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Where there’s smoke, there’s politics

Campaigns against smoking are finally gaining ground, but the tobacco lobby is fighting back

Andrew Rosser

Rosser - smokingSmoking is a major killer in Indonesia - Jimmy Walsh

‘Support Smoke Free Jakarta’ reads a sign posted at the front entrance of the Century Park Hotel, an international class hotel in Jakarta’s Senayan area. When I first stayed at this hotel a few years ago, it offered rooms on designated smoking and non-smoking floors. But now it is almost completely smoke free; the only part of the hotel where smoking is permitted is the outside bar area. By contrast, many other top hotels in Jakarta still have dedicated smoking floors.

The Century Park’s decision to go smoke-free and advocate a smoke free Jakarta doubtless reflects a commercial judgment by its owners and managers. But it also reflects increasing activism on the part of anti-smoking groups following the country’s transition to democracy. This activism has led to increasing concern about the popularity of smoking in Indonesia and its negative effects on people’s health and welfare.

A nation of smokers

More than one-third of Indonesians aged over 10 years smoke according to Ministry of Health figures. And the number is rising. Between 1995 and 2010 the proportion of men who smoke rose from 53 per cent to 66 per cent while the proportion of women rose from 1.7 per cent to 4.2 per cent. With such a large number of smokers, passive smoking – that is, the involuntary inhalation of smoke from other people’s cigarettes – is also extremely widespread. An extraordinary 78 per cent of adult Indonesians are exposed to passive smoke at home according to the 2011 Global Adult Tobacco Survey.

At the same time, smokers are getting hooked at ever younger ages. Between 2001 and 2010, Ministry of Health figures suggest that the number of people who started smoking between the ages of 10 and 14 rose by 80 per cent, while the number who started between five and nine years of age quadrupled. In 2010, two-year old toddler Ardi Rizal became an internet sensation when video footage of him puffing away on cigarettes went viral on YouTube. Severely obese, he was reportedly consuming 40 cigarettes a day until he did a deal with his parents to quit smoking in exchange for new toys. His case, the many similar ones that have since been reported in the mass media, and the widespread nature of passive smoking illustrate graphically that Indonesia’s smoking problem affects people of all ages.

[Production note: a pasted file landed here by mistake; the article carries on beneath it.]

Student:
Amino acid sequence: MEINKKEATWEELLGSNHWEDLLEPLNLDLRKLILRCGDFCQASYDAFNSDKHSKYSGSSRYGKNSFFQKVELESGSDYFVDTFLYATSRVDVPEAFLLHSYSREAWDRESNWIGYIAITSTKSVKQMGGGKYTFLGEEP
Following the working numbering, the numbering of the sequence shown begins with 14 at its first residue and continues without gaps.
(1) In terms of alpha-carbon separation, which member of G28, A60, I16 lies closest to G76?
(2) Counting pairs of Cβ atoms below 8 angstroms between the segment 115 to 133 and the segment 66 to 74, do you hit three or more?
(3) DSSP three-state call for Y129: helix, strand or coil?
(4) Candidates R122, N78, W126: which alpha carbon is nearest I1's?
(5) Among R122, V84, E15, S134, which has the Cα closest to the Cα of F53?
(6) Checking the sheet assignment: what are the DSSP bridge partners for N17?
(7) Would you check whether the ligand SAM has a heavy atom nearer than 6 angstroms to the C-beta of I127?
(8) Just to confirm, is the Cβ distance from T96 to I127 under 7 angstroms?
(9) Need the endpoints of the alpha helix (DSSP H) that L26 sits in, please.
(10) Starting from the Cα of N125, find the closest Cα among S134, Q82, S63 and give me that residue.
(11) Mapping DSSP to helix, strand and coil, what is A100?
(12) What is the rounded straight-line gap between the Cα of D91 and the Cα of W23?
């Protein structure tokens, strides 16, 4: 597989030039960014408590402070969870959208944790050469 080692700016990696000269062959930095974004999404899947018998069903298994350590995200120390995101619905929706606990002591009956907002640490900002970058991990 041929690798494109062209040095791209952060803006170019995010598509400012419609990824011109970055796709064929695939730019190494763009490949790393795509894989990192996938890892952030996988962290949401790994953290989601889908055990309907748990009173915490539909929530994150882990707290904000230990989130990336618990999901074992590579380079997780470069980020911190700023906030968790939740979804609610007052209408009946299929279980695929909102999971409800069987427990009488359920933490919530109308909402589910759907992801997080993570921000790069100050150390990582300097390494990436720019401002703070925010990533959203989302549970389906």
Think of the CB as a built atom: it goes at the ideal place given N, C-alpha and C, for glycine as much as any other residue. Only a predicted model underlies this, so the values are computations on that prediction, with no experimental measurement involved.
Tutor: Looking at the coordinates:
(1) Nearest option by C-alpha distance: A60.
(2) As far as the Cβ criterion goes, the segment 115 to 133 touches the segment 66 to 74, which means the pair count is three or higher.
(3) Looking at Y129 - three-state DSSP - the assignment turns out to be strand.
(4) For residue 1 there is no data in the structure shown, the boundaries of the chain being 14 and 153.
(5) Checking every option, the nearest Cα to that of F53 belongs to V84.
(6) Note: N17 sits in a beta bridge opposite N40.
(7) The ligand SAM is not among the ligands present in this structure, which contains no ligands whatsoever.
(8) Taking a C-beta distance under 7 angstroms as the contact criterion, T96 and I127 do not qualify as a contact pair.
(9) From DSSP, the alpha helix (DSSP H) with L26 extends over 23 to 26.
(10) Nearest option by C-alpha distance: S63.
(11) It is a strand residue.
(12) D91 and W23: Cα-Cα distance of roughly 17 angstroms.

The health and welfare effects of this epidemic are immense. According to one recent study published by the International Union Against Tuberculosis and Lung Disease, smoking kills at least 200,000 Indonesians each year while also contributing to lower economic productivity through reductions in physical functioning, lung capacity, and more frequent illness. It also reduces welfare – particularly in poor households – to the extent that cigarette purchases often displace spending on necessities such as food, clean water, health care and education.

Anti-tobacco activism

Driven by concerns about these issues, anti-smoking organisations – the most prominent of which are the National Commission on Tobacco Control, the National Commission for Children’s Protection, the Anti-Corruption Coalition on the Tobacco Clause, and the Indonesian Women Without Tobacco Association – have lobbied actively in recent years to persuade Indonesia’s political leaders to introduce stronger controls on the advertising, sale and consumption of tobacco. And with the support of some figures in government, such as the late Health Minister Dr. Endang Rahayu Sedyaningsih (who ironically died from lung cancer in early 2012), they have had some success.